Although I have a Martha's hands
I have a Mary ming
And when I black the boots and shoes
Thy sandals, Lord, I find

I think of how they trod the earth
What time I scrub the floor

Accept this meditation, Lord
I haven't time for more

Anonymous said...

Nice, Liz. It occurs to me that part of the reluctance to acknowledge each other's gifts - especially gifts connected to ministry or eldering - comes from a deep yet recent aversion to authority, authority which is expressed in human terms and in real-life situations. Unprogrammed Quakers tend to practice what I have come to call "hyper-egalitarianism", in which there can be no one person vested with any authority, even if that authority is expressed gently and lovingly (the occasional gifted clerk not withstanding). An elder or a minister is a person who might rise within a meeting and say something along the lines of "Come with me!" or "This isn't right!" I long for a society in which we re-discover the way to identify Friends in our midst with gifts sufficient to guide and correct us.

RichardM said...

Another part of the reluctance of meetings to recognize gifts of ministry and eldering comes from loss of experience with these gifts. A meeting in gospel order will have the experience of one generation handed smoothly down to the next. A person who has a gift that is still undeveloped will be able to see that gift fully developed and in use by seasoned ministers and elders. The seasoned ministers and elders will see and recognize the developing gift and will offer support, advice and encouragement. And in addition there will be stories. People within the meeting will tell stories of ministers and elders who have died. These stories will help preserve the communal memory of how to do these things correctly.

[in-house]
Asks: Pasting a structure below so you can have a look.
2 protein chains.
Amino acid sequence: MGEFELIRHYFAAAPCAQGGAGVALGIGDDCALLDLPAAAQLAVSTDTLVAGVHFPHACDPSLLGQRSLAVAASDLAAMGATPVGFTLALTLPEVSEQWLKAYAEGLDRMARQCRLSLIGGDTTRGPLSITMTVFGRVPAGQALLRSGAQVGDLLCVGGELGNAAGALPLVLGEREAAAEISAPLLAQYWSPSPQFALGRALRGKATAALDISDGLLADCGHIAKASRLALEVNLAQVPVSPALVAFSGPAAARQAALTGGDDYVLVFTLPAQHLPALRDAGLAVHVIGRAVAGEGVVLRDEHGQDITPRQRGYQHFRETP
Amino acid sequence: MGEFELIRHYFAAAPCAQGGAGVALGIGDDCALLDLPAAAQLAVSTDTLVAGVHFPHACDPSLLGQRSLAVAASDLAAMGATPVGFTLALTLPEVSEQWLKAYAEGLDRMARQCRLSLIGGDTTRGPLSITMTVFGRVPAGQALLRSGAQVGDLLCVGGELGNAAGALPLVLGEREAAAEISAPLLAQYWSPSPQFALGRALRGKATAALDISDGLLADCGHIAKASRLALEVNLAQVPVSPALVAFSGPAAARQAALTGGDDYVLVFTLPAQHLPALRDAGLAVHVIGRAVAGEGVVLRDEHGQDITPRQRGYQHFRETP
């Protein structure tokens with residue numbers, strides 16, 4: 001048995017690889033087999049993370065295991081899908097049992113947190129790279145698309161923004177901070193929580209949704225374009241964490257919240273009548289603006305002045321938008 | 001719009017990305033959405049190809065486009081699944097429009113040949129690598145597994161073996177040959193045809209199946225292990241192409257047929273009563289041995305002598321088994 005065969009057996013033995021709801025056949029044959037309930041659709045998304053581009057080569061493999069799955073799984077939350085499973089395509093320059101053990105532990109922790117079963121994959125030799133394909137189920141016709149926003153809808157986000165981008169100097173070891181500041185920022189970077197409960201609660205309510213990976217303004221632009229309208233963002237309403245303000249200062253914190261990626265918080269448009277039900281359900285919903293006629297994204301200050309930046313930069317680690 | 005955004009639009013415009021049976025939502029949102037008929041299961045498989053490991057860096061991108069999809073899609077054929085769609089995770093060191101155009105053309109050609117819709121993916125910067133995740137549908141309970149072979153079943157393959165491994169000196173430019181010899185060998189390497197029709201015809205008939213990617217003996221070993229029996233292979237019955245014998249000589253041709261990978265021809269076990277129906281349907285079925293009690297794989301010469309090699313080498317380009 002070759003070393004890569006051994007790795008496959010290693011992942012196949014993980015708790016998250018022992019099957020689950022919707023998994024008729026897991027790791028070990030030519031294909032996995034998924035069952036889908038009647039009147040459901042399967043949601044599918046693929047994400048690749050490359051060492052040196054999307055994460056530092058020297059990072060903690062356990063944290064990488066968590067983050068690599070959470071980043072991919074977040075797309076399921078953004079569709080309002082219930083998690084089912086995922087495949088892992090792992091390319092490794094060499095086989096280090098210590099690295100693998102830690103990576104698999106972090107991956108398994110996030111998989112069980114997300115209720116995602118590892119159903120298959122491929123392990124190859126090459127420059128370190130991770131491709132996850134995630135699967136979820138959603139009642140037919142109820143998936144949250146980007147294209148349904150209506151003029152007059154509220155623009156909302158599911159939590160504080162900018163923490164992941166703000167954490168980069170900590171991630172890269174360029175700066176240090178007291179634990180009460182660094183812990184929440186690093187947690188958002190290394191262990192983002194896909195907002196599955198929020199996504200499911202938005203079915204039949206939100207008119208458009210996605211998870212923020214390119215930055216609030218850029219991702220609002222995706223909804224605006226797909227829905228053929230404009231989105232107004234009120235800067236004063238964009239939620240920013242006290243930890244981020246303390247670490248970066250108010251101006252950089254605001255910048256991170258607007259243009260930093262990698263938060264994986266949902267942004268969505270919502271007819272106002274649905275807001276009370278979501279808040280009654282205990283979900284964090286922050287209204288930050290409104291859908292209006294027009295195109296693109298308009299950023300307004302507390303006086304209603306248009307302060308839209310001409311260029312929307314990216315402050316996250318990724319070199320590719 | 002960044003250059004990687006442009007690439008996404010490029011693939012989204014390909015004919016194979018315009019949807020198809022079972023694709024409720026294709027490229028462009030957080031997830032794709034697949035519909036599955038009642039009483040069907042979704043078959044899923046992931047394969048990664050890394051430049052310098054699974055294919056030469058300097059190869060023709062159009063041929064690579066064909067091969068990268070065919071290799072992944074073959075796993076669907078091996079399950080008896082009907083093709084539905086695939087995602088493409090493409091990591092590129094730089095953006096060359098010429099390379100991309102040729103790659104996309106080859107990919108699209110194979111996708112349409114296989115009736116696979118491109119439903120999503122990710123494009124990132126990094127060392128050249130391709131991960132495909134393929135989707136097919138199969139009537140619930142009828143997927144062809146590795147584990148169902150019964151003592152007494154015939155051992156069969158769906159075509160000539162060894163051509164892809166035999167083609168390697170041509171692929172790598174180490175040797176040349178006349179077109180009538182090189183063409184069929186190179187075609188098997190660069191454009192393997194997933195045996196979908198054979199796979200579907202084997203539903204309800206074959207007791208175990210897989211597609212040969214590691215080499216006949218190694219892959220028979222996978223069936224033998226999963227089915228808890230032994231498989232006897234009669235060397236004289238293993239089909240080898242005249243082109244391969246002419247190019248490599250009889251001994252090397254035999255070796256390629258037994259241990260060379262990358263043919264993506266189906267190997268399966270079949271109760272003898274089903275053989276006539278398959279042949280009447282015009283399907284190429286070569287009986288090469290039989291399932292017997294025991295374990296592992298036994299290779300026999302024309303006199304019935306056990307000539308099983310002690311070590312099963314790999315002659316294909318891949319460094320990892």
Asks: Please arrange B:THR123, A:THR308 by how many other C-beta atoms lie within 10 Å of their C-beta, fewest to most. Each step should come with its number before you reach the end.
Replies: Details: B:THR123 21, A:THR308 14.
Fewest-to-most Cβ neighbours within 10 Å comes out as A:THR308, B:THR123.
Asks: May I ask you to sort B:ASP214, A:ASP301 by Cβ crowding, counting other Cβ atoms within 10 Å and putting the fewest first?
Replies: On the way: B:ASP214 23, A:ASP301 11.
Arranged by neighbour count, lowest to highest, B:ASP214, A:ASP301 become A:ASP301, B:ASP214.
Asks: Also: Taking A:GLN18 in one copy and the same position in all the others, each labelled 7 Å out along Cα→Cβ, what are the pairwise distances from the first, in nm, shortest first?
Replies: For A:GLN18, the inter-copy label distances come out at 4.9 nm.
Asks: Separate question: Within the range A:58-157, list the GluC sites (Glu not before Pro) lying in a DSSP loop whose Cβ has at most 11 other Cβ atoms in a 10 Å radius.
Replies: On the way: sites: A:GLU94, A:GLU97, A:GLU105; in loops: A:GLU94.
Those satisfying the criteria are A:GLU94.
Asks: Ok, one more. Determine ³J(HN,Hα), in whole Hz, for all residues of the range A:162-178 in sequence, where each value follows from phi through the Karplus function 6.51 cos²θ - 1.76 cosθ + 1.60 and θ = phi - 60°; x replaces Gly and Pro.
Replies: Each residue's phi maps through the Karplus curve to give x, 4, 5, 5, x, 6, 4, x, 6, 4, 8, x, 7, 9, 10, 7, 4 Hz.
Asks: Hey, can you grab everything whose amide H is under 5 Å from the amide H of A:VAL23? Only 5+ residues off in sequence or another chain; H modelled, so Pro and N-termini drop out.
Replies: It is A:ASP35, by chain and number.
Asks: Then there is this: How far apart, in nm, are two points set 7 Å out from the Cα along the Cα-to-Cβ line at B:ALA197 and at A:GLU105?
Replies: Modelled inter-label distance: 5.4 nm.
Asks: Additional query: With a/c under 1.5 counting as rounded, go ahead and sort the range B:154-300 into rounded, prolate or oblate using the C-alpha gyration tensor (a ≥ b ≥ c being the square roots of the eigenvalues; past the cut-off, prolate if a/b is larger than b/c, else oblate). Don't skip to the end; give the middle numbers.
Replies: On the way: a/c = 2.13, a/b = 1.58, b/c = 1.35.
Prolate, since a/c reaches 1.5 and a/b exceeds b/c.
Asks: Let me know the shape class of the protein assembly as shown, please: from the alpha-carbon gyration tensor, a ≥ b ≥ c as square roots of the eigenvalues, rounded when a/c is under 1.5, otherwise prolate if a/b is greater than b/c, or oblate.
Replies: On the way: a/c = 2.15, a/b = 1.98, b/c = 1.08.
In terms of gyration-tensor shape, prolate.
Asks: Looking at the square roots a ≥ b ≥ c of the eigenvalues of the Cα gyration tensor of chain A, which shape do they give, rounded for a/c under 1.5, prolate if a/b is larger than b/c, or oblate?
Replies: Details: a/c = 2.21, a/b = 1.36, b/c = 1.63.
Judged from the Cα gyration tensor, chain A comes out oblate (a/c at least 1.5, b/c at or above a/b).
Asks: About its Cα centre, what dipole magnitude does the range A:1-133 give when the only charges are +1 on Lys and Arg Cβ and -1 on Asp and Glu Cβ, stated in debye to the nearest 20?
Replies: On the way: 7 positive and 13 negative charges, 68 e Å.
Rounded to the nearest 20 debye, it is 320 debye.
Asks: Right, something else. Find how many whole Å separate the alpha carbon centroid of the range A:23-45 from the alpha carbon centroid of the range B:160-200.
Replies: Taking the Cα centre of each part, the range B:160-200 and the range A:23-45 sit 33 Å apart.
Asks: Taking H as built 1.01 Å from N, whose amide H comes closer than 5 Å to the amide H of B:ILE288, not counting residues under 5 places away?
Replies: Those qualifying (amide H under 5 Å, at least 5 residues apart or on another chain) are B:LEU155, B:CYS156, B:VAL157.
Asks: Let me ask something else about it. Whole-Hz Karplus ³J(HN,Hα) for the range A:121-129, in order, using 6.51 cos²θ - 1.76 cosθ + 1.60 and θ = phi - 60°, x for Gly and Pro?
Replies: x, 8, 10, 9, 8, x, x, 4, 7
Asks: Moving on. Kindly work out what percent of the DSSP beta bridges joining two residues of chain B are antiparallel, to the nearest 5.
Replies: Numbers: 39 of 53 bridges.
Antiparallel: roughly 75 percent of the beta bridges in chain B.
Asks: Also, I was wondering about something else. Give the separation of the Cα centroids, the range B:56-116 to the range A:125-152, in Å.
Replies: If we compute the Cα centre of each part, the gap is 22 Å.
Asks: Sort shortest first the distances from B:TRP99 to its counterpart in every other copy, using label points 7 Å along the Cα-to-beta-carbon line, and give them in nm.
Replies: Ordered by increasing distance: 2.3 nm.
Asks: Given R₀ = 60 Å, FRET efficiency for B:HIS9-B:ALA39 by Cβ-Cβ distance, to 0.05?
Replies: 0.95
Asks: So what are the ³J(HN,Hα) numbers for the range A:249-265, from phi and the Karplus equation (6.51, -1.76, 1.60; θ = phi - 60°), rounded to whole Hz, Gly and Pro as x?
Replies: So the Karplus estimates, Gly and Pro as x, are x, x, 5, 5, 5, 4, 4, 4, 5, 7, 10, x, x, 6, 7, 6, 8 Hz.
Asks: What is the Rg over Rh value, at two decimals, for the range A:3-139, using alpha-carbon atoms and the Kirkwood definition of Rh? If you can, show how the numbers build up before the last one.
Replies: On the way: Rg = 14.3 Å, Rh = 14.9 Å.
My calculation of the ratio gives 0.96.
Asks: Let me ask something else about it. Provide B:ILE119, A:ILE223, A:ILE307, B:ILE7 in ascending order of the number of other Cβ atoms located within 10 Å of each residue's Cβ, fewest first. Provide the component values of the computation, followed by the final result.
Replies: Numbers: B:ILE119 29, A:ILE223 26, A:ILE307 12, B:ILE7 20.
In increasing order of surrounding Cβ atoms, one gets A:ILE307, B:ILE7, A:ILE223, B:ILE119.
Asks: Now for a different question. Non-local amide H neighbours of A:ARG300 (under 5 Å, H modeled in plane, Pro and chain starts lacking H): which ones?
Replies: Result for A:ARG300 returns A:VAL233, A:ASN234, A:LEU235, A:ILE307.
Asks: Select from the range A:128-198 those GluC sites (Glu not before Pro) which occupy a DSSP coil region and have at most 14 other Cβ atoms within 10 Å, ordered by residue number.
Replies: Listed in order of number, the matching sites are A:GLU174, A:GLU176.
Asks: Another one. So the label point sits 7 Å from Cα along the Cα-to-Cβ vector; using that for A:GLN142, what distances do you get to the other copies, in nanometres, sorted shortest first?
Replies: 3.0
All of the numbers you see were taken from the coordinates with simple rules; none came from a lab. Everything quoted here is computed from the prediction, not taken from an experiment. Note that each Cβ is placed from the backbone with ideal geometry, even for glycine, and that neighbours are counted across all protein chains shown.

When there are meetings whose communal memory of the line of elders and ministers has been broken then it becomes much harder to figure it all out again. One can read books about it but books do not carry the real full-blooded sense of how these things are done. Ideally ministering and eldering is a kind of apprenticeship from which you learn by observing those who have mastered the craft. Thankfully these traditions have not completely died out within Quakerism. It is our job in this generation to take the little first hand knowledge of these things we still possess and share it around so that we can rekindle it within those parts of the RSOF where it has temporarily been lost.

Liz in the Mist said...

Just stopping by to wish you Happy Holidays! :)

leftistquaker said...

Hi Liz,

This is my first comment on your blog. Our meeting laid down its ministry and counsel cmte. and created two committees; pastoral care cmte. and worship and spiritual life cmte. After two years of trying to make this new division of labor work, we recombined them this fall and as a former W&SL member, I am now on the reformed M&C. Just so you get my context.

During this first cmte. session, the clerk commented "we aren't special people" as members of this cmte. I had something inside me say, "no, but..." The best I could do to speak that "but" was to say that what we are doing and the needs of the meeting are special and we are holding the meeting in a way that those outside the cmte. do not. I know that I will never think of the meeting the same way after this experience. And we've only met once! It is changing me.

I am still not ready to call myself an elder, and my former experience in top-down churches gives me worries about becoming an elder. At the very least, I'd like a different term, like "caregiver."